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Customer got this for 100 at an estate sale....The bridge is coming up...Luckily , the top isn't distorting...Question...Removing the soundhole decoration to gain access to clamp the bridge..I'm pretty darn sure it's wood glued in , as all the screws are slot heads on the tuners...Anybody done this ?

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You can actually reglue the bridge without access to the inside, but  you do need to be careful.  Once the bridge is removed,  you can clean the gluing surfaces and get the bridge to fit nicely.  Using hot hide glue, you can press the bridge in place and hold it with very light clamping over the body and/or weights.  Admittedly, that's not the kind of bridge gluing we're used to doing with most guitars, but the tension is quite low with nylon strings, and the bridge pins hold quite a lot of it, provided you have good knots or beads on the strings.

I usually call these things "guitar lutes" because they have that kind of look.  They're rather popular among the crowd who does performance at places like Renaissance Faire venues.  Cash value, not so much, but coolness factor is fairly high, if they play  well. . .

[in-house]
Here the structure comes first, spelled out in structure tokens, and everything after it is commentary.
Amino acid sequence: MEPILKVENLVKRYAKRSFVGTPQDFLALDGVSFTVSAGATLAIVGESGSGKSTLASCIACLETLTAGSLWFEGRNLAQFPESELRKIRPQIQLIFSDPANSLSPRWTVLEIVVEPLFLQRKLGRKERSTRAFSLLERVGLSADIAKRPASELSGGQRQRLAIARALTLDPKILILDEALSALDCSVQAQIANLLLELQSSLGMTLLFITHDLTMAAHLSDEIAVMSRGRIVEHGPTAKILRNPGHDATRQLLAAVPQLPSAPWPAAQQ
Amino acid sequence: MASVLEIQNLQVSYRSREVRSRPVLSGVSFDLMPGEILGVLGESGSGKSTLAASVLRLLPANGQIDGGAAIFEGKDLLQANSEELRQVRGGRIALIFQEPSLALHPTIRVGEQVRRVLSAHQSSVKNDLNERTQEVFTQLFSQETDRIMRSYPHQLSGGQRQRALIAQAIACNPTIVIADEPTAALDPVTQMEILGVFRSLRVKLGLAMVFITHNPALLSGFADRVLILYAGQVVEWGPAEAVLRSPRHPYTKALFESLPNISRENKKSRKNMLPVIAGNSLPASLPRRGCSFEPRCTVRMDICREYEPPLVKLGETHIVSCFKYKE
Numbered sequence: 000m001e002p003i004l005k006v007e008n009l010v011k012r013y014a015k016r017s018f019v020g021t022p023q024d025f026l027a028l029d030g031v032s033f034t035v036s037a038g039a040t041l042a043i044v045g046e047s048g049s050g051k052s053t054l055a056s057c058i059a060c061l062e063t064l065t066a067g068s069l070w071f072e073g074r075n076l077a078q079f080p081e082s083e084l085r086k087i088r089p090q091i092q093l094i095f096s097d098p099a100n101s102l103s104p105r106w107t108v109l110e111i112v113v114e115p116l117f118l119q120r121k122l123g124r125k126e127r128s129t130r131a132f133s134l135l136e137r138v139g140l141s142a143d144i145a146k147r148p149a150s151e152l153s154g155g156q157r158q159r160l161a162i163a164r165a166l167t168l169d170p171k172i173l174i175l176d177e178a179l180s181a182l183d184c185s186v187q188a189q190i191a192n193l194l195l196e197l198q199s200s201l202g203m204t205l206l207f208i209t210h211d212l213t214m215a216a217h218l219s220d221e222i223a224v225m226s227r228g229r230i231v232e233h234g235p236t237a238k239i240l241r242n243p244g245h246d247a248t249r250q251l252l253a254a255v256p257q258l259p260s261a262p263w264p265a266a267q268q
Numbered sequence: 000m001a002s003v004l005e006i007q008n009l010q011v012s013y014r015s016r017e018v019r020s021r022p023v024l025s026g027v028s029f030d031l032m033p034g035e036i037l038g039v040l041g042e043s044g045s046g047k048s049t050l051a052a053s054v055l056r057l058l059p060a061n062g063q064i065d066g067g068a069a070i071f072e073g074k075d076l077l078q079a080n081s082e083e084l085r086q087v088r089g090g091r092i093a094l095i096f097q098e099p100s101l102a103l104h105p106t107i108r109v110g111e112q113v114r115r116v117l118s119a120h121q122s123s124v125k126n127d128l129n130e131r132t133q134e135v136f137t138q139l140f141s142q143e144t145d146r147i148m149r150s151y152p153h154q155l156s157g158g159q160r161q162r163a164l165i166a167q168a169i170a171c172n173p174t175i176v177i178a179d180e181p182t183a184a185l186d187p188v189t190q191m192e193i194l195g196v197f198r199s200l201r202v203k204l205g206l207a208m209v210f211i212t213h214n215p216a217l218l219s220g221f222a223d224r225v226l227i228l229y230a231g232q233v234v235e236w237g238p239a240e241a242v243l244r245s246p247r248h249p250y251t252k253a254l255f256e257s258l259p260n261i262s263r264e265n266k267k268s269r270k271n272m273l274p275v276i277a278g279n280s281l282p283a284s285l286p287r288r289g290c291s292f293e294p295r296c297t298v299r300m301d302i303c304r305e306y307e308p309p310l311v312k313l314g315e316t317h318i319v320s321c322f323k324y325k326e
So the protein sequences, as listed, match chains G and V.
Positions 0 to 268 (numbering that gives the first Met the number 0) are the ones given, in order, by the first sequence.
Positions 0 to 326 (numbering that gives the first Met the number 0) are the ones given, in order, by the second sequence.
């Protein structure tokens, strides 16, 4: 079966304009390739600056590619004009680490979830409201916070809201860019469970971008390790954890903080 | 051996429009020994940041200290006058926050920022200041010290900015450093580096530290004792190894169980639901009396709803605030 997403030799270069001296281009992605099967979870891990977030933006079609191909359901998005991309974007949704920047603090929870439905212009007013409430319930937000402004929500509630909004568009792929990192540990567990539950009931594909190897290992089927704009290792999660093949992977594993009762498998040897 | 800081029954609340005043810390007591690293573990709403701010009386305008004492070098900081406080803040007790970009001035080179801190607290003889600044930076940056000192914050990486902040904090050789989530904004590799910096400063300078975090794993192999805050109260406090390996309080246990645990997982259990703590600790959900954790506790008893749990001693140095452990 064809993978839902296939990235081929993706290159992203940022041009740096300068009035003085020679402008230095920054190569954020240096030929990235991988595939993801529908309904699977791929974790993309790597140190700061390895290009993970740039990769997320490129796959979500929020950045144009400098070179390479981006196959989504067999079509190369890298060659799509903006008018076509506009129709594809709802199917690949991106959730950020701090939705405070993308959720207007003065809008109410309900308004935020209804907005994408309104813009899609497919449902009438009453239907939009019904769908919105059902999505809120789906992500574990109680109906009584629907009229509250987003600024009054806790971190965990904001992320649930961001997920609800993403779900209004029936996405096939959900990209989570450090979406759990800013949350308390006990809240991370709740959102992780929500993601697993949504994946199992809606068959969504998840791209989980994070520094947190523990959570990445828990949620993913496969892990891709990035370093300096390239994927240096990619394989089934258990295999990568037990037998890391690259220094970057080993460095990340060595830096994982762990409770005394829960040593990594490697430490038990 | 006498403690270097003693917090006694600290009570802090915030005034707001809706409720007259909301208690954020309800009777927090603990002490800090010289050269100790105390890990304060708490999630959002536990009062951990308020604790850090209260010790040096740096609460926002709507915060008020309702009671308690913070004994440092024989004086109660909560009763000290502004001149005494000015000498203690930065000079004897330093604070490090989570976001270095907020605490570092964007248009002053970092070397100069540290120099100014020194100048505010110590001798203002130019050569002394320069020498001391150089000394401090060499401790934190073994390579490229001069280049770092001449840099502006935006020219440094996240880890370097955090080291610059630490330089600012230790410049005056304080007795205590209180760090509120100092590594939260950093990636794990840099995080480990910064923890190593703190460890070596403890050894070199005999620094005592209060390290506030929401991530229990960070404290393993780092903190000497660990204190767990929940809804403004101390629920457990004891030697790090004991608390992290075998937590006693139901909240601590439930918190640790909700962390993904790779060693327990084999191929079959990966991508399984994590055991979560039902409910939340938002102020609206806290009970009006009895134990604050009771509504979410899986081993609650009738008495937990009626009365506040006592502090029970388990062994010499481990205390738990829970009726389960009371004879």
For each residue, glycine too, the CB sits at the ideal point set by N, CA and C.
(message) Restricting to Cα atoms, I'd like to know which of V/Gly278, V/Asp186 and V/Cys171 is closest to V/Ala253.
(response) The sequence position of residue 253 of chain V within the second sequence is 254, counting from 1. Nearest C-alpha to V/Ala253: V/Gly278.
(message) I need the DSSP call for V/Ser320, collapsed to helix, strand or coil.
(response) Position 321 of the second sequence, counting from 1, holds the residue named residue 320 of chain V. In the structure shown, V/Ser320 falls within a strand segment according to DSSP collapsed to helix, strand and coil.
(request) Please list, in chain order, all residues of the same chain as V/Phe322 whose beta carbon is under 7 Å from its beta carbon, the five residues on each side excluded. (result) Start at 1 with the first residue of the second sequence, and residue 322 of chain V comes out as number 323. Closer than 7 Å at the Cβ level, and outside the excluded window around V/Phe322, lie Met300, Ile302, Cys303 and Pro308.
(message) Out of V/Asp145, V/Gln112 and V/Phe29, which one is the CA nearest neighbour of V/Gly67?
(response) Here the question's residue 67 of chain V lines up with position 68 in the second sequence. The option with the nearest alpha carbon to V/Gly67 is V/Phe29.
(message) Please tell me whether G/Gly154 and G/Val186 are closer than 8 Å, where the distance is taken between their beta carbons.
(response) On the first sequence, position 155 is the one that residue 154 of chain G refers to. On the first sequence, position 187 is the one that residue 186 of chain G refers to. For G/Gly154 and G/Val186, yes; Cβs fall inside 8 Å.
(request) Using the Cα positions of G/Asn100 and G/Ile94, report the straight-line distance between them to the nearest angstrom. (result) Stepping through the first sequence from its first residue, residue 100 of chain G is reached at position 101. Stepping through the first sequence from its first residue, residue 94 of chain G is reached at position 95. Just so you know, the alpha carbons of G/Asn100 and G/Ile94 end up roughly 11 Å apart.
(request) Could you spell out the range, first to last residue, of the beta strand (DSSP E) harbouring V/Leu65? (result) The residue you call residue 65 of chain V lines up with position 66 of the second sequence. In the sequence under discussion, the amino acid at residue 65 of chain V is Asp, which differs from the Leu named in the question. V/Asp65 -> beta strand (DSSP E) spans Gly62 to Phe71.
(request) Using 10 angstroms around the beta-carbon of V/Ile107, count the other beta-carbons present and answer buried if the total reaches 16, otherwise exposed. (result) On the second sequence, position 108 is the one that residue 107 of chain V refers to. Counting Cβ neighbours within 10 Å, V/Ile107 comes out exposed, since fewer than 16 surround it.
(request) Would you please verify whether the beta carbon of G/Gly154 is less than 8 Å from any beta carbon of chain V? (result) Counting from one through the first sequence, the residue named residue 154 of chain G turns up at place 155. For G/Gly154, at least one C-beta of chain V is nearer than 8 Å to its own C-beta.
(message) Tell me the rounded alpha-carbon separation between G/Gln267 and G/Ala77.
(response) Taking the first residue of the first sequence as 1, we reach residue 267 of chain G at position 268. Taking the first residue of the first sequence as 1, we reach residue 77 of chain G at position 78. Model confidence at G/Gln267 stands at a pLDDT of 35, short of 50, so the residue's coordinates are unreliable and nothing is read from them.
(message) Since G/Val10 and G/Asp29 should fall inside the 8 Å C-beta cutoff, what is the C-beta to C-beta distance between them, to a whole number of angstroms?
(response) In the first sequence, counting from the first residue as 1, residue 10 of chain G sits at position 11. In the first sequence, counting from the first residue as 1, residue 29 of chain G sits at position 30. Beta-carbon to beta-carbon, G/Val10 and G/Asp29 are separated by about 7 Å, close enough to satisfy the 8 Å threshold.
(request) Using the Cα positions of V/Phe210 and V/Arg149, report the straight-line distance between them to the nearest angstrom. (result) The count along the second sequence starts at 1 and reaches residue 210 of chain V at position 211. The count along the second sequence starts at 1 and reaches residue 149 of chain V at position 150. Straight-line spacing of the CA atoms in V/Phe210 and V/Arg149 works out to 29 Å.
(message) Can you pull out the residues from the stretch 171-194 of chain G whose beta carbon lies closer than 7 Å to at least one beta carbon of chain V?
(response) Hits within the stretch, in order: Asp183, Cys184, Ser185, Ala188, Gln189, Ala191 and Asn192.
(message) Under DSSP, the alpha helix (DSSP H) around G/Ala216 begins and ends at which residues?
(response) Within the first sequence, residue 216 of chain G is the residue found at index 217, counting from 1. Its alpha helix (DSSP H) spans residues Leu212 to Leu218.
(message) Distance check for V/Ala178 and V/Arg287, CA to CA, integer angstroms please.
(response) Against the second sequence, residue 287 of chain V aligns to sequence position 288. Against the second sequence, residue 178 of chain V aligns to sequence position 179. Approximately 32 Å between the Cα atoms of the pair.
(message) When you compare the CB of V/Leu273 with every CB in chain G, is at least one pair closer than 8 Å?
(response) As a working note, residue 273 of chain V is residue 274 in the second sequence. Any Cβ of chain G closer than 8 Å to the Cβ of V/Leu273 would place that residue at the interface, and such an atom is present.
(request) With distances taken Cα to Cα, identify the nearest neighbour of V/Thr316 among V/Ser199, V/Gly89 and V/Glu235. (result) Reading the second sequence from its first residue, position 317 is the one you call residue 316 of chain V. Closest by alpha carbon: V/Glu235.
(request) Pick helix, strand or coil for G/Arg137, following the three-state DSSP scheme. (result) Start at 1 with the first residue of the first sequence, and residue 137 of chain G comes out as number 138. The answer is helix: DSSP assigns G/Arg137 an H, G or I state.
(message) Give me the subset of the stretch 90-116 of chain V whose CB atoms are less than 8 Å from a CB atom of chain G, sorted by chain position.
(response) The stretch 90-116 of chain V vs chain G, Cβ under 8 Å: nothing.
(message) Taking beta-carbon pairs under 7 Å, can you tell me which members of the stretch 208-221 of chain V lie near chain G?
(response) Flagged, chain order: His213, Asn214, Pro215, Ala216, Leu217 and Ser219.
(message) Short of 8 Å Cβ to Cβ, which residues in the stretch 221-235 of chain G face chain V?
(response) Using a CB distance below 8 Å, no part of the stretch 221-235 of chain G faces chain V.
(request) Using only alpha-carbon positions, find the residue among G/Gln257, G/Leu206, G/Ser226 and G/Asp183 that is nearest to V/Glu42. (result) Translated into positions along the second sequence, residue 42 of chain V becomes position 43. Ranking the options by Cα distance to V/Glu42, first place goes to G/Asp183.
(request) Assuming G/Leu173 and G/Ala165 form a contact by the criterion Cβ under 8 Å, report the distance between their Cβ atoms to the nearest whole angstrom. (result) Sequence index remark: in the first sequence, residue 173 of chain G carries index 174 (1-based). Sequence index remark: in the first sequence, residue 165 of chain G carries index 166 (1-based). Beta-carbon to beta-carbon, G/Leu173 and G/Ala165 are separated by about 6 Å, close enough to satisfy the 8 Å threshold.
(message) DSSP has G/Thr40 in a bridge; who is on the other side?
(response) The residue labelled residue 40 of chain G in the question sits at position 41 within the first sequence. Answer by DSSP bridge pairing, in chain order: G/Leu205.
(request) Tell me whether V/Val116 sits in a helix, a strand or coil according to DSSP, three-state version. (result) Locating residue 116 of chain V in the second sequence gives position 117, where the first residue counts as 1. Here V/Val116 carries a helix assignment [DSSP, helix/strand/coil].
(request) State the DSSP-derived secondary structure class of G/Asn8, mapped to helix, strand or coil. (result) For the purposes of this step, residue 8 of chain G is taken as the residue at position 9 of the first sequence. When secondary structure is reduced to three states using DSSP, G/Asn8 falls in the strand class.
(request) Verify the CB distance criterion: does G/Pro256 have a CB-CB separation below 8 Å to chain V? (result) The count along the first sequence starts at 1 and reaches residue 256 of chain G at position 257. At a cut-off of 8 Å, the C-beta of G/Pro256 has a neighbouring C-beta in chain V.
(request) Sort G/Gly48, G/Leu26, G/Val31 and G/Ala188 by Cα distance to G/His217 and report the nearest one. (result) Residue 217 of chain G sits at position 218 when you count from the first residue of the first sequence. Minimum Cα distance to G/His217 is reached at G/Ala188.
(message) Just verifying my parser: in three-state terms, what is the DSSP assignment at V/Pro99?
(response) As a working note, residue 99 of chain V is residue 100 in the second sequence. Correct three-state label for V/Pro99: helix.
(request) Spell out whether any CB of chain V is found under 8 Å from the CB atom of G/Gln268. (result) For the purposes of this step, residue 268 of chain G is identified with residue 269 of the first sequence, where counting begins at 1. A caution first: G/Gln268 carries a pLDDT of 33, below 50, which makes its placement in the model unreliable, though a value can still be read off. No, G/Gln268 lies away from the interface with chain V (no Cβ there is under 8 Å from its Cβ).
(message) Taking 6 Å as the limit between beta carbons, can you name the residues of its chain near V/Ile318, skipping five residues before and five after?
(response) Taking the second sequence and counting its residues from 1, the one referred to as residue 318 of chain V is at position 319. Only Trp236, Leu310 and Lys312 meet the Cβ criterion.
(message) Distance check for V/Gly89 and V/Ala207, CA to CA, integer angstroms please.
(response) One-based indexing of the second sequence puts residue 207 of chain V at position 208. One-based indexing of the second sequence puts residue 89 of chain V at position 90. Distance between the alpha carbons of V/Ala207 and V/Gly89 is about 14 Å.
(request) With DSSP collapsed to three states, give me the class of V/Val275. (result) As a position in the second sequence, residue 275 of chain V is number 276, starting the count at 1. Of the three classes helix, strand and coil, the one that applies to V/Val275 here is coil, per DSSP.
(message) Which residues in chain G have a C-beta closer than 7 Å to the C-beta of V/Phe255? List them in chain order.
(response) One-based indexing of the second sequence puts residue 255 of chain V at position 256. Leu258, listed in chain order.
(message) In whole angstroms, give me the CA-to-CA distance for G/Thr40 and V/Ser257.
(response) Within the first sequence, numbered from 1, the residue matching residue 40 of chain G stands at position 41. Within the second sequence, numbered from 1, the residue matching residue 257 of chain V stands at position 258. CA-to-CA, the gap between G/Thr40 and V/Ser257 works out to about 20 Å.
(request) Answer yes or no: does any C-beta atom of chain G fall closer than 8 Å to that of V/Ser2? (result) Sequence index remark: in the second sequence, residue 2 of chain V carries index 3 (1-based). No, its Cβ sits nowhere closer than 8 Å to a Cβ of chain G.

Could this be the excuse you've been looking for to buy the LMI vacuum press?

Well...No....

just did one of these, used two bolts with wing nuts for clamping pressure. Filed a flat spot on the end of the bolt, drilled a small hole,,tied on thread. The small bolt fit through the largest opening in the soundhole decoration, fished the thread through the pin hole and pulled the bolt up. The two wing nuts tightened the bridge down during glueing
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A Galoot!

I wrestled with one of these by Hofner several years ago.

Besides bridge issues it also had top cracks and loose braces that made removing the soundhole obstruction mandatory.

I used a very thin Xacto saw blade that fits their No.1 handle to remove it.

After reinstalling it using several strategically placed cleats beneath the "vines", I filled the kerfs with tinted 5 min. epoxy.

Like many other repairs, covering your tracks inspired the most hand-wringing of the whole thing.

All-in-all, it went well.

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